The stipulation of July 10, 1961, caused the complaint filed July 1, 1963, to relate back as having been filed prior to July 17, 1961. The defendant's motion to dismiss the first count, on the ground
The defendant contends further as to count one that this court is without jurisdiction in this case because of the lack of requisite diversity of citizenship. In support of this assertion, he cites the cases of Harrison v. Chamberlin, 271 U.S. 191, 46 S.Ct. 467, 70 L.Ed. 897 (1926); Harris v. First National Bank, 216 U.S. 382, 30 S.Ct. 296, 54 L.Ed. 528 (1910); Frank v. Vollkommer, 205 U.S. 521, 27 S.Ct. 596, 51 L.Ed. 911 (1907); De Friece v. Bryant, 232 F. 233 (E.D.Ky. 1916); In re Grissler, 136 F. 754 (2d Cir. 1905).
The cited cases antedate the Chandler Act, passed in 1938, which provided, inter alia, that a federal district court has jurisdiction to hear and determine plenary suits filed by a trustee in reorganization proceedings under Chapter X, even though diversity of citizenship or other traditional and usual grounds for federal jurisdiction are absent. Williams v. Austrian, 331 U.S. 642, 67 S.Ct. 1443, 91 L.Ed. 1718 (1947); Hadden v. Small, 145 F.Supp. 387 (N.D. Ohio 1951); Kirtley v. Bankers Life & Cas. Co., 198 F.Supp. 30 (S.D.Ia.1961). Section 23, sub. b of the Bankruptcy Act (11 U.S.C.A. § 46) provides that suits brought by the receiver or the trustee can be brought or prosecuted only in the courts where the bankrupt might have brought or prosecuted them if proceedings under the Act had not been instituted, unless by consent of the defendant. However, Section 102 of the Act (11 U.S.C.A. § 502) declares that Section 23 is not applicable to reorganization proceedings. The case at bar is a plenary suit brought by the trustee in a Chapter X reorganization proceeding, and this court has jurisdiction regardless of the citizenship of the parties. The defendant's motion to dismiss on this ground is therefore denied.
As to the second count of the amended complaint, the defendant urges that it is barred by the running of both the state and federal statutes of limitations. Willbern contends that by entering into the stipulation of July 10, 1961, tolling the statute, he did not waive his right to assert the bar of limitations as to any cause not embraced by the proposed complaint. And he claims that he was not put on notice of the charges in the second count until the amended complaint was filed in July of 1963.
The defendant calls attention to my memorandum of decision of January 22, 1963, in the bankruptcy proceeding (No. 1699-B-1, In the Matter of Coffeyville Loan and Investment Co., Inc.) attached as an appendix, where I made reference to what at that time was "the proposed complaint." It is his contention that such reference, coupled with subsequent remarks setting out in substance the allegations therein, had the effect of limiting the final complaint to be filed to only those specific charges of negligence and non-feasance contained in the proposed complaint. I did not intend at the time that my remarks should be so construed; nor do I believe they should now be so construed.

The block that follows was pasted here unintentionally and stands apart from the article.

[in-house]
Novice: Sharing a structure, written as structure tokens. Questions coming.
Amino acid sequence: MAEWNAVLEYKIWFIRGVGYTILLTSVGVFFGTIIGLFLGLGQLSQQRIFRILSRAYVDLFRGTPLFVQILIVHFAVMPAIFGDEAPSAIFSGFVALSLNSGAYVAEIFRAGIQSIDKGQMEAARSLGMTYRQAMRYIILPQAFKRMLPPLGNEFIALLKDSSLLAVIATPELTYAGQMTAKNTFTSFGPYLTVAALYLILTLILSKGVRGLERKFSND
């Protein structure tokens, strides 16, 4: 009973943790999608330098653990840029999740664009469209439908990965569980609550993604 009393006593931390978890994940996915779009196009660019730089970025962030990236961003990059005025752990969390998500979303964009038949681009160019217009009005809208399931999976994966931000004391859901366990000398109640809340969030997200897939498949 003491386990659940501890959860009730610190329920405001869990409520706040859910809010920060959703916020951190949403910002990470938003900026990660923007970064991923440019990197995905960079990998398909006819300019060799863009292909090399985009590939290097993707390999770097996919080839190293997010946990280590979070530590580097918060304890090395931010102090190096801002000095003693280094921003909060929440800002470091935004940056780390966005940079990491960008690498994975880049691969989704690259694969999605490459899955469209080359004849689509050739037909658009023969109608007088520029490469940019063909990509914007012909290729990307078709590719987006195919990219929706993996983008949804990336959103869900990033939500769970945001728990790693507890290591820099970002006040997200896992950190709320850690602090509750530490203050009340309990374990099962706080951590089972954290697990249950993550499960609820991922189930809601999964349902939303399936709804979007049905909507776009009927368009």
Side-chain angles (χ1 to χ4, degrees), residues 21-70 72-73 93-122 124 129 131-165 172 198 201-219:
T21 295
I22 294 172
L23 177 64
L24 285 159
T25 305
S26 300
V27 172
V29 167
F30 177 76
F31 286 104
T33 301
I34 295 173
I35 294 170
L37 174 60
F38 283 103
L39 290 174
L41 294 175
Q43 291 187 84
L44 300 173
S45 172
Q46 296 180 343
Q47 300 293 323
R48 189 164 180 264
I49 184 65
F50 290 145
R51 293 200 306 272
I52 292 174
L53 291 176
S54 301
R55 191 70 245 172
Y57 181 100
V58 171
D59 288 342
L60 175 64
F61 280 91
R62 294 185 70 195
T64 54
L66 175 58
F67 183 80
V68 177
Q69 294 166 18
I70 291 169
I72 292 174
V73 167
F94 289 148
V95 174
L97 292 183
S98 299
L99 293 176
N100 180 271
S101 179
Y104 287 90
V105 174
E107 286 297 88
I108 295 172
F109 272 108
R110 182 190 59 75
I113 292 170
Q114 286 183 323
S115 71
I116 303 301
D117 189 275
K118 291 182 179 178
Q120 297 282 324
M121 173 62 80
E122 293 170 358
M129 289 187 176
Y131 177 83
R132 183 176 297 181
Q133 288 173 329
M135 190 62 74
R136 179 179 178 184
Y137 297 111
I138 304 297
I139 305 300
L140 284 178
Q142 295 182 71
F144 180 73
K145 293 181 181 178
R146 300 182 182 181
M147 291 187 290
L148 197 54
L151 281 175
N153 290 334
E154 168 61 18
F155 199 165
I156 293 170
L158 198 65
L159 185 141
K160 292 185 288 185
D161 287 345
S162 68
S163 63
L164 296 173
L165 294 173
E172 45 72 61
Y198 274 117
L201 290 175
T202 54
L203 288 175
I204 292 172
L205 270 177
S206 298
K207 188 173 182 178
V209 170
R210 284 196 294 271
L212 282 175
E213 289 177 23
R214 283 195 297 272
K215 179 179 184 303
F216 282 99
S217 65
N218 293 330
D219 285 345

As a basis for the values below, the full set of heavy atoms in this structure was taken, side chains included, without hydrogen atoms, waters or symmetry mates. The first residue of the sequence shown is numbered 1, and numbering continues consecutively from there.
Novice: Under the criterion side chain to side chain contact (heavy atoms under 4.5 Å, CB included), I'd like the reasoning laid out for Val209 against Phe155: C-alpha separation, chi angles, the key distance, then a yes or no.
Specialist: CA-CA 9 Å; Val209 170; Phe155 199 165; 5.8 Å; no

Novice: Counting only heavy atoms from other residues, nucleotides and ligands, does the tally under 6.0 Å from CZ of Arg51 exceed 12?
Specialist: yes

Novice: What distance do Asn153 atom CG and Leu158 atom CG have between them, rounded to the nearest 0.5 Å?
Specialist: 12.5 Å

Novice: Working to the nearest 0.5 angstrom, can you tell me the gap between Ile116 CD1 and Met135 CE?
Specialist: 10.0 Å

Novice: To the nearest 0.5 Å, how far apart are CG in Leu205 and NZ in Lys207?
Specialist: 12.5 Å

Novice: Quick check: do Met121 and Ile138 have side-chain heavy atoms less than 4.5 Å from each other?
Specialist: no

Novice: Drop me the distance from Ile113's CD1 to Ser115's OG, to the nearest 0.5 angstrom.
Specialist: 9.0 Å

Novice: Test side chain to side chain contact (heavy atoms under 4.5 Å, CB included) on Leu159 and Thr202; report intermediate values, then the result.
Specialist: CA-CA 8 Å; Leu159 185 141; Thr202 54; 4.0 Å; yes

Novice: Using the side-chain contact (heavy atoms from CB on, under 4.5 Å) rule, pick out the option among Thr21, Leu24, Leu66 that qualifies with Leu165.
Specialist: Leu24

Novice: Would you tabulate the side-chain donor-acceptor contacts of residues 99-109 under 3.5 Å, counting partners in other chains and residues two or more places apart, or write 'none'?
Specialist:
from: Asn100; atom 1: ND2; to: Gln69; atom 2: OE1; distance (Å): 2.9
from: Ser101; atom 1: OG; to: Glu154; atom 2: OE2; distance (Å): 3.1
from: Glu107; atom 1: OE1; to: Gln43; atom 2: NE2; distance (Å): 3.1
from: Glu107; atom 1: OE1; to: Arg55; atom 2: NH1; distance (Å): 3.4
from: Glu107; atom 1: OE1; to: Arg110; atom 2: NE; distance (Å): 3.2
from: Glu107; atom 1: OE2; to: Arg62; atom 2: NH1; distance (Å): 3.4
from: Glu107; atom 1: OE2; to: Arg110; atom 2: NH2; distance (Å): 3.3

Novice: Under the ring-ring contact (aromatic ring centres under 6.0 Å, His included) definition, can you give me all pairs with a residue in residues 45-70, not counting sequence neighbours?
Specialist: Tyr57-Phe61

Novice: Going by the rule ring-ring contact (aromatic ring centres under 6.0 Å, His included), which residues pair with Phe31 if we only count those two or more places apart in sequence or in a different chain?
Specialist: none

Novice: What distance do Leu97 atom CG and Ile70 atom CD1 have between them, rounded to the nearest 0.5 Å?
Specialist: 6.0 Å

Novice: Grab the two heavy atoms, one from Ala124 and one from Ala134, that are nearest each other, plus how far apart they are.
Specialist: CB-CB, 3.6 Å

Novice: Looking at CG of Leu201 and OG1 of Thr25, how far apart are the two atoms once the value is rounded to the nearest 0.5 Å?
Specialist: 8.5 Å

The stipulation agreed to and signed by the defendant refers always to the filing of "any cause or causes of action." It does not in any way limit the trustee to those matters alleged in the proposed complaint.
Furthermore, the second count of the first amended complaint particularizes and sets out in detail the manner in which the trustee believes Mr. Willbern's actions were negligent, willful, and unlawful. It is one of several breaches of trust alleged. The claimed violation of the state banking laws was mentioned as early as August 1, 1961, when the trustee filed his brief relative to the suggested action against Willbern.
The defendant next asserts that count one should be dismissed because this court by approving the petition on July 17, 1959, held the debtor to be a private corporation and not a banking corporation. Also, the defendant asserts that, if C. L. I. C. is a banking corporation, it is not subject to the jurisdiction of the bankruptcy court. (Section 4 of the Act; 11 U.S.C.A. § 22).
A finding by this court that C. L. I. C. was not a banking corporation does not import that it had never engaged in banking practices. And such a finding does not foreclose the trustee from alleging that D. A. Willbern had caused the debtor corporation to violate certain of the banking laws of Kansas.
Where the enterprise, because of some of its bank-like business practices and activities, is a kind of hybrid corporation, it may be simultaneously subject to the Bankruptcy Act and certain state banking laws. See In re Prudence Co., 79 F.2d 77 (2d Cir. 1935), cert. denied, Egbert v. Callaghan, 296 U.S. 646, 56 S.Ct. 247, 80 L.Ed. 459. The debtor corporation may well have been such an institution.